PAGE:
Tribunal reduces ban for social worker found growing cannabis

A panel rules that the General Social Care Council did not take account of the social worker's mental health at the time of her conduct hearing and handed down a disproportionate sanction

A social worker who was suspended from practice for two years after cannabis was discovered growing in her house has won an appeal against the length of her ban and will be allowed to return to work after only seven months.

Jennifer Brownbill’s neighbours complained to the police in October 2010 about a strong smell of cannabis coming from her house. Brownbill was later arrested trying to dispose of cannabis plants at a council tip; the police searched her home and found equipment used for cultivating the drug.

The social worker was interviewed and admitted growing the cannabis for her own use. She received a caution in December 2010 from the West Yorkshire Police.

Brownbill later told the General Social Care Council’s (GSCC) conduct committee that it was her son who had been growing cannabis at the house and she had accepted the caution in order to protect him.

She acknowledged that her behaviour called into question her suitability to remain on the social care register. The committee decided to suspend her registration for two years from 30 March 2012.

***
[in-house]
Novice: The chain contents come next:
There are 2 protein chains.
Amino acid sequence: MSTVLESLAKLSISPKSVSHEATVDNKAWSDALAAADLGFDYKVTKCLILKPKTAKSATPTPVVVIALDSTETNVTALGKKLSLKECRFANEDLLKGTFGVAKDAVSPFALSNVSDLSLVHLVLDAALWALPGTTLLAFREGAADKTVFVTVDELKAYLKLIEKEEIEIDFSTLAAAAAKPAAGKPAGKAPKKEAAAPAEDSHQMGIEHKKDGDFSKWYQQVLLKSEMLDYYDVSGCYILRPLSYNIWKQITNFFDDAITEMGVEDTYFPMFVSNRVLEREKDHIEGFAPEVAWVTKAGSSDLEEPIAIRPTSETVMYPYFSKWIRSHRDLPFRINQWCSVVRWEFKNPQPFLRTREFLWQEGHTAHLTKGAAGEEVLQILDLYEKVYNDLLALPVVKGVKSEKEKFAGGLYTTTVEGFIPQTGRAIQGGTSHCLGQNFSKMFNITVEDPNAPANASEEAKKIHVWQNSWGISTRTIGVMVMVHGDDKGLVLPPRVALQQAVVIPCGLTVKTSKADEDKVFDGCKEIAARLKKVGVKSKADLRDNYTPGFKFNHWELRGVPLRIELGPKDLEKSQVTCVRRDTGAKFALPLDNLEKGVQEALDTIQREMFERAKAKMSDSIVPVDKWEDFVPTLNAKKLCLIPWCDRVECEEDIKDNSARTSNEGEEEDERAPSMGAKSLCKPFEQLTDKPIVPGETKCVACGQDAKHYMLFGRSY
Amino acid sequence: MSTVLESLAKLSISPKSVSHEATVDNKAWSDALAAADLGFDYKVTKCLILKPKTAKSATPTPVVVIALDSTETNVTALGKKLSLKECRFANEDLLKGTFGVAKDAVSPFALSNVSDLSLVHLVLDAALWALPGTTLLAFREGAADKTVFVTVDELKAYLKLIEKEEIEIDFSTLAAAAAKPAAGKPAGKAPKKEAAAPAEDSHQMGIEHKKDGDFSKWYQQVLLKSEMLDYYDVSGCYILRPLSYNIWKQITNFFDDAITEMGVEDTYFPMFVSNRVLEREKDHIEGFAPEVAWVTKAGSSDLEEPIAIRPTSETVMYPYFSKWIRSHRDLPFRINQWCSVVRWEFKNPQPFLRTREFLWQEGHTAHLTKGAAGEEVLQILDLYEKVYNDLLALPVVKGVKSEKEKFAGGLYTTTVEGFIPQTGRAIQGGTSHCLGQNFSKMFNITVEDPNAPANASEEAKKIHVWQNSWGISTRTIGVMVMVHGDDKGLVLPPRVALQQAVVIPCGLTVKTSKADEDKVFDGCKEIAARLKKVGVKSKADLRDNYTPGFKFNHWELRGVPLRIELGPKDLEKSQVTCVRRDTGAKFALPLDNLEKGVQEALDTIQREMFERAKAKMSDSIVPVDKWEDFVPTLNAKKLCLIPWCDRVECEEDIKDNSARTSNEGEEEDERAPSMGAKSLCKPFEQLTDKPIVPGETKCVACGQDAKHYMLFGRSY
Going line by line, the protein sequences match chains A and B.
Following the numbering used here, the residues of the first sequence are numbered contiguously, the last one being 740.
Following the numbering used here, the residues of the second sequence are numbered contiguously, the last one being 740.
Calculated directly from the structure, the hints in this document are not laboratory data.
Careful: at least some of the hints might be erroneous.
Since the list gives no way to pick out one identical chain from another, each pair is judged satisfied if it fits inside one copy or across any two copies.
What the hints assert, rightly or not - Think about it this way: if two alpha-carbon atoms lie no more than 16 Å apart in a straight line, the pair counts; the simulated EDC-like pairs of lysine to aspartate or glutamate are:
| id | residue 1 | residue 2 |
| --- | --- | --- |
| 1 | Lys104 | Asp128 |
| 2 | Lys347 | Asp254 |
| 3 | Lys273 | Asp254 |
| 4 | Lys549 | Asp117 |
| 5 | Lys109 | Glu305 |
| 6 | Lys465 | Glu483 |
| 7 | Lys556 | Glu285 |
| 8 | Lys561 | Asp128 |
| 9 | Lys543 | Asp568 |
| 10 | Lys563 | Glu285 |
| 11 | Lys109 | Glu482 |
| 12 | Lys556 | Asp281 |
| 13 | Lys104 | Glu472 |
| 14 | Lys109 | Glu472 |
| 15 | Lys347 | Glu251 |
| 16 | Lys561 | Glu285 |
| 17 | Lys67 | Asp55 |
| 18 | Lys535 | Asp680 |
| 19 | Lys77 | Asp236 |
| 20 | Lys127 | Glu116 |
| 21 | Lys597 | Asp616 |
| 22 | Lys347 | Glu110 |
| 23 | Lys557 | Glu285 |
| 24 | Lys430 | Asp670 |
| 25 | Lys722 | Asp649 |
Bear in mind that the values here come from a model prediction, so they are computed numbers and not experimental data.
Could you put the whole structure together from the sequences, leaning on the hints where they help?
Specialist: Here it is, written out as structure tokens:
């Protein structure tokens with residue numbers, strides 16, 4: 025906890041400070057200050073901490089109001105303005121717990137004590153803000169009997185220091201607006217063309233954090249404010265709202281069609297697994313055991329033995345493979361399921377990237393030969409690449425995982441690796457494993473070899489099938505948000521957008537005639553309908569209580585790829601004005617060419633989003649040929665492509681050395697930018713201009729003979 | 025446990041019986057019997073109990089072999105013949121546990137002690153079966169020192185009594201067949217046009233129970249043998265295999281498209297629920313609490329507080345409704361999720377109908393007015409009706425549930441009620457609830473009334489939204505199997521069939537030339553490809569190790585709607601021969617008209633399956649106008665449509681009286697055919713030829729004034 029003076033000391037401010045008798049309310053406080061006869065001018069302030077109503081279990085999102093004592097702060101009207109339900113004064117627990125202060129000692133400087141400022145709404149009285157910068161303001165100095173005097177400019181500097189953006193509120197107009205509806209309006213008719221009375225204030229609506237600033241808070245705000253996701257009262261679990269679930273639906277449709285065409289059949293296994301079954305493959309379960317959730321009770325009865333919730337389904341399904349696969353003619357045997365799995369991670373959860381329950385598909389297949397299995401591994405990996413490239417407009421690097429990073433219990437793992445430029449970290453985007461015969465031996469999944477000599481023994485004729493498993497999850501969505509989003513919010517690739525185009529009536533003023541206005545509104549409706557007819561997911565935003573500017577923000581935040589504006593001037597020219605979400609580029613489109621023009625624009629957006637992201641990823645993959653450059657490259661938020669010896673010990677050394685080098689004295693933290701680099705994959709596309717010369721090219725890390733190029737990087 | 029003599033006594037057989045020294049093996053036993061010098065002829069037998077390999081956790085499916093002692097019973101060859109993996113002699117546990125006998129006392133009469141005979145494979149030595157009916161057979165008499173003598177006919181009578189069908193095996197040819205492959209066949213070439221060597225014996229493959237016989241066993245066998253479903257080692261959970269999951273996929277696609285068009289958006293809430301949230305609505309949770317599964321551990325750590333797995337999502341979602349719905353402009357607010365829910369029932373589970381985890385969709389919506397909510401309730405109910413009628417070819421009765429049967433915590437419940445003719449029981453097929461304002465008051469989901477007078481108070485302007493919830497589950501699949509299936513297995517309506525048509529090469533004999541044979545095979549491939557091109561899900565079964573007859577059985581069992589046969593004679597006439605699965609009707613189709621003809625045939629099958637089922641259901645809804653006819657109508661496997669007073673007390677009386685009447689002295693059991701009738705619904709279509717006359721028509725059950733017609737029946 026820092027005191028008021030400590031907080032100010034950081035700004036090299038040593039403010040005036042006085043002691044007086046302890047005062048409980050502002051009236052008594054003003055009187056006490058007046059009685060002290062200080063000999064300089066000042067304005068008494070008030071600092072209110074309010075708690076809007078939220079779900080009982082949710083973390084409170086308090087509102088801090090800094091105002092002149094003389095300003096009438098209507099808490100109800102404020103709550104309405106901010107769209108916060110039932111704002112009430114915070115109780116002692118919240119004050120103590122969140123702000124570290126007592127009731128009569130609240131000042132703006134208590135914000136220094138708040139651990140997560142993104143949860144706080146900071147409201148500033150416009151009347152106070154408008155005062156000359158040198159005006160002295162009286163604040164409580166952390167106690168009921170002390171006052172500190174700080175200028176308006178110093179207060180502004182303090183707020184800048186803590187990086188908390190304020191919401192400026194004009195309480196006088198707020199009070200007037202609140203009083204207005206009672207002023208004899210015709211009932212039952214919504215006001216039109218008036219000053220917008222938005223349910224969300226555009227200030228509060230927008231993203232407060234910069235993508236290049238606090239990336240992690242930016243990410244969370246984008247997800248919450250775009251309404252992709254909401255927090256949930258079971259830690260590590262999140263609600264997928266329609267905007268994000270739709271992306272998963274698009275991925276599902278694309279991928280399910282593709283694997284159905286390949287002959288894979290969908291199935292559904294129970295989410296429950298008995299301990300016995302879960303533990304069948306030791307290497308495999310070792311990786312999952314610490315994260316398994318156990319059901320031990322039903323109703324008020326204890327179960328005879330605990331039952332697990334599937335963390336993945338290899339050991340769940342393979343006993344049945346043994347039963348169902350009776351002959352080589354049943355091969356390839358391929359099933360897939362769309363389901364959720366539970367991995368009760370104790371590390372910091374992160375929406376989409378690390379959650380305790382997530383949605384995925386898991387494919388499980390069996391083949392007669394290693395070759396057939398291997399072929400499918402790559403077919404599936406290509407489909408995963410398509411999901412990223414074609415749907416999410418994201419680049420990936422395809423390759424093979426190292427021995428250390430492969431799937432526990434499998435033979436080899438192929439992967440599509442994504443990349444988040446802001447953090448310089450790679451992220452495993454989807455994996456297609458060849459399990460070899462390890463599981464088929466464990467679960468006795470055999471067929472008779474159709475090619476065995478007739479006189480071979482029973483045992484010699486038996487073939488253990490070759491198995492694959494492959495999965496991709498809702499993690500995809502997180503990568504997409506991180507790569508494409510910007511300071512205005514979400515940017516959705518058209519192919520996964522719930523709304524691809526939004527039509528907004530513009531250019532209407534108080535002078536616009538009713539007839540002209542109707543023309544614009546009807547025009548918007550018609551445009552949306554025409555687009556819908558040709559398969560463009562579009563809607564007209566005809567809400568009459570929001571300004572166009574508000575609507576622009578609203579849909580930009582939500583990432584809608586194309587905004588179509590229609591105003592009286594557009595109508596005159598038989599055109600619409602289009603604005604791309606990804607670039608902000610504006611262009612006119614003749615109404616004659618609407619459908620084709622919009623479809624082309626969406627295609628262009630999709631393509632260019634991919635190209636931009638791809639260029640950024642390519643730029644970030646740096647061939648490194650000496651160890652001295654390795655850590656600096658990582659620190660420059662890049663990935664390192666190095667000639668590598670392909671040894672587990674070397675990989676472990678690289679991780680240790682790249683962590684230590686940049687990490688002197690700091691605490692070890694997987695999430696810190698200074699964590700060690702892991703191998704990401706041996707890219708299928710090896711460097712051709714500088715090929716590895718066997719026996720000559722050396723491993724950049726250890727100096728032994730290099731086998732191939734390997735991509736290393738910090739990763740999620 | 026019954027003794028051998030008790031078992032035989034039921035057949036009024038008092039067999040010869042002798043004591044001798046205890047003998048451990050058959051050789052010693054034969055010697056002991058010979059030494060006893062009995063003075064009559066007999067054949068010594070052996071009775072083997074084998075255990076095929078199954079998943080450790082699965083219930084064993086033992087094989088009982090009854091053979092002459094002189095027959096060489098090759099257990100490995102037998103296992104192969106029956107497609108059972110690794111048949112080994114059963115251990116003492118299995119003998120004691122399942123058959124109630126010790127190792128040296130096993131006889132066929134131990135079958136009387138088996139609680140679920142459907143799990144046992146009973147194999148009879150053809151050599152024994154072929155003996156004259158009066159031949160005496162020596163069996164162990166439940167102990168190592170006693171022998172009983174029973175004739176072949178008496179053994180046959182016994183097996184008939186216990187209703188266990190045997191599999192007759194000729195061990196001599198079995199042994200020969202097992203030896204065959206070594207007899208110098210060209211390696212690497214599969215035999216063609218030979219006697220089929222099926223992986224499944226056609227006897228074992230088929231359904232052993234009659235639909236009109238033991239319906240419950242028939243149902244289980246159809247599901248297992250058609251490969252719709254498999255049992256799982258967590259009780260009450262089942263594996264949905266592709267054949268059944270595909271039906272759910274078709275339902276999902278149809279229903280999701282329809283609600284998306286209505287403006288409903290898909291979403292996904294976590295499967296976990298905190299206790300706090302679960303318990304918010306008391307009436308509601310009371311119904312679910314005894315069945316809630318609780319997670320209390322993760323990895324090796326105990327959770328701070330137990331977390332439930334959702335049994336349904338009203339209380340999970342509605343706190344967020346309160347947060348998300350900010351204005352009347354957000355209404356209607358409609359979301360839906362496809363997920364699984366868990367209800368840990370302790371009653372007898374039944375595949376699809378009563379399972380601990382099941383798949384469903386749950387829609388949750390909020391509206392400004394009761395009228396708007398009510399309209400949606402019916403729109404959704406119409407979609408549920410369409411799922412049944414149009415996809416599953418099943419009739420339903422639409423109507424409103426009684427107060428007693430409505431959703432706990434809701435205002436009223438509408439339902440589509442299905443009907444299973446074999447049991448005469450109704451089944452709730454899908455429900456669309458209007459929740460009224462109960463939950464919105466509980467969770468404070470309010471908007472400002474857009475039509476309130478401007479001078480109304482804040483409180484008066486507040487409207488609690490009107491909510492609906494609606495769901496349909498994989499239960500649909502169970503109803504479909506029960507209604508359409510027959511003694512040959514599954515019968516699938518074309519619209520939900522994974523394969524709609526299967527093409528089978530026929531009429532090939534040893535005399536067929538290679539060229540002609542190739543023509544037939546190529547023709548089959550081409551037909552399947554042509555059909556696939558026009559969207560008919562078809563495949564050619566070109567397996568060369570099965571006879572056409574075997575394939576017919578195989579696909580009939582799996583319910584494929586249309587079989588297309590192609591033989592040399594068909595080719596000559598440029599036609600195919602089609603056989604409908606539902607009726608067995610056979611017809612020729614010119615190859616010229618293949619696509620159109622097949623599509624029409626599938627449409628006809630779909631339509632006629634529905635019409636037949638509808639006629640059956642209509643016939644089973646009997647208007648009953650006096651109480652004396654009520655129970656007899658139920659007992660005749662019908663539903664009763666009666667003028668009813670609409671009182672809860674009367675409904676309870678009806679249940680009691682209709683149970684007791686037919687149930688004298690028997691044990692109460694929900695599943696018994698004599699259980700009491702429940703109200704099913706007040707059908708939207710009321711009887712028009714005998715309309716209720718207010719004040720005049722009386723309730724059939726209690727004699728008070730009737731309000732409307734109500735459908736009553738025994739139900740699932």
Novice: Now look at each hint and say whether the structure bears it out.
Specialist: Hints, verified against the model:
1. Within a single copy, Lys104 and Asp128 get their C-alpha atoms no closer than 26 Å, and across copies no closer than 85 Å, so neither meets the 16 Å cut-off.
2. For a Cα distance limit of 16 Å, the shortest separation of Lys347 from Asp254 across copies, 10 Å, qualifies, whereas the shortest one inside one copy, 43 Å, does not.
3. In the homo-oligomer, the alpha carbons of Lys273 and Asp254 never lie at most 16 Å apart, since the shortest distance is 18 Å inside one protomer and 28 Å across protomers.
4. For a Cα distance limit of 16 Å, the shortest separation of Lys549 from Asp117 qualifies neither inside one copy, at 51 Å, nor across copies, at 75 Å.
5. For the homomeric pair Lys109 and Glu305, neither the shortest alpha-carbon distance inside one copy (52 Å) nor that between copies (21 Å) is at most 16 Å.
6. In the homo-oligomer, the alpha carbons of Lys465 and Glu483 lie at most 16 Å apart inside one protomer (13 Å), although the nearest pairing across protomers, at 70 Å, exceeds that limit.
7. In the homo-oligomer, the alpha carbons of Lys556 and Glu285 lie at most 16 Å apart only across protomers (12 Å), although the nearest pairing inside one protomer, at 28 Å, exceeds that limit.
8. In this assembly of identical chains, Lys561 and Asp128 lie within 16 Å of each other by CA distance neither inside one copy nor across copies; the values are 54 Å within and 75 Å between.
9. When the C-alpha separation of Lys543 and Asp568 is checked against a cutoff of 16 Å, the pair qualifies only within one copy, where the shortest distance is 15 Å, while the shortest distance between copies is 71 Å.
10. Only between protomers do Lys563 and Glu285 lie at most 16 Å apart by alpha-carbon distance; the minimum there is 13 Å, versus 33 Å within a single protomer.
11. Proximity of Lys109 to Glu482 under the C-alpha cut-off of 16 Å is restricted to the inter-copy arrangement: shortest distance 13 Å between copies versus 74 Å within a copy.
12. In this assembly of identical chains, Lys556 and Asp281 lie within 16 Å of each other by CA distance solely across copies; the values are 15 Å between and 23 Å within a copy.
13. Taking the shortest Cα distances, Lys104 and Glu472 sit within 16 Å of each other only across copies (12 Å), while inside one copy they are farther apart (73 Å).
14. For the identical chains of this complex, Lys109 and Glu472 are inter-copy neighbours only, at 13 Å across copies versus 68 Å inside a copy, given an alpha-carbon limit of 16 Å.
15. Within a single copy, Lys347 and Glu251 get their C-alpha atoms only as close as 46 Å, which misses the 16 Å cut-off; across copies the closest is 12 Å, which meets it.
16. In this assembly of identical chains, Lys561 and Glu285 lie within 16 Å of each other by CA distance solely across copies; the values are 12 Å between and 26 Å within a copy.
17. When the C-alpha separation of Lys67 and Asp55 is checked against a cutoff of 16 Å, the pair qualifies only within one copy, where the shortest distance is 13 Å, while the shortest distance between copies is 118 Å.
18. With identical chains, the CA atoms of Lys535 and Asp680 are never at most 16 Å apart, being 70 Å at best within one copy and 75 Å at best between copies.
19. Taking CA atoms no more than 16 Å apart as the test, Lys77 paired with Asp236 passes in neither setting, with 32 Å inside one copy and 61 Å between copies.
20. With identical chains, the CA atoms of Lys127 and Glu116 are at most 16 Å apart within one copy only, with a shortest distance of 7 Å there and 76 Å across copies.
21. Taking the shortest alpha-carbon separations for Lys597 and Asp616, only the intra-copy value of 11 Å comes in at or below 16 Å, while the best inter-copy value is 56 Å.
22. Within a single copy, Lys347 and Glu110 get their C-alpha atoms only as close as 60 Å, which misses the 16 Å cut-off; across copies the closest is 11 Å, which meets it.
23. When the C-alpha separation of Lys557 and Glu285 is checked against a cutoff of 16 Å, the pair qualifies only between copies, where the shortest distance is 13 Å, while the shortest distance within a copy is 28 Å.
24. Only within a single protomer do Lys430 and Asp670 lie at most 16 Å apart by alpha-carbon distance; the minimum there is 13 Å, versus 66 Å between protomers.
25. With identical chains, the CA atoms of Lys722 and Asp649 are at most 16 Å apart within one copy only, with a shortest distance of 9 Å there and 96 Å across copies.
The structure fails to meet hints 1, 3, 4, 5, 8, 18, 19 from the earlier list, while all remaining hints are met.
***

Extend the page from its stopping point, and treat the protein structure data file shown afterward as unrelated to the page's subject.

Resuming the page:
In deciding on an appropriate sanction, the committee noted that Brownbill had displayed limited remorse and insight, suggesting she had some “deep-seated attitudinal problems”.

But Brownbill appealed to the First-tier (Care Standards) Tribunal, claiming a two-year suspension was disproportionate. She argued that her mental health at the time of the GSCC’s hearing had affected her behaviour, in turn skewing the committee’s decision.

The tribunal panel, led by Judge Nancy Hillier, agreed that it seemed the GSCC’s conduct committee had not fully taken into account the impact of Brownbill’s mental health on her behaviour during the hearing. 

“It is unfortunate that the conduct committee was not made more explicitly aware of Ms Brownbill’s mental health condition, as her apparent attitude clearly affected their reasoning,” the panel said, adding that the social worker was now showing “significant insight” into her behaviour and its potential effect on others.

The panel concluded: “Having weighed into the balance the remorse and insight demonstrated by Ms Brownbill, the fact that her demeanour can be affected by her mental health and the fact that in a lengthy career no other issue of dishonesty or substance abuse has been suggested we have decided that a suspension of two years is disproportionate.”

Brownbill will therefore be allowed to return to work in November 2012.

The GSCC has now closed.

Read the Care Standards Tribunal’s report on the case

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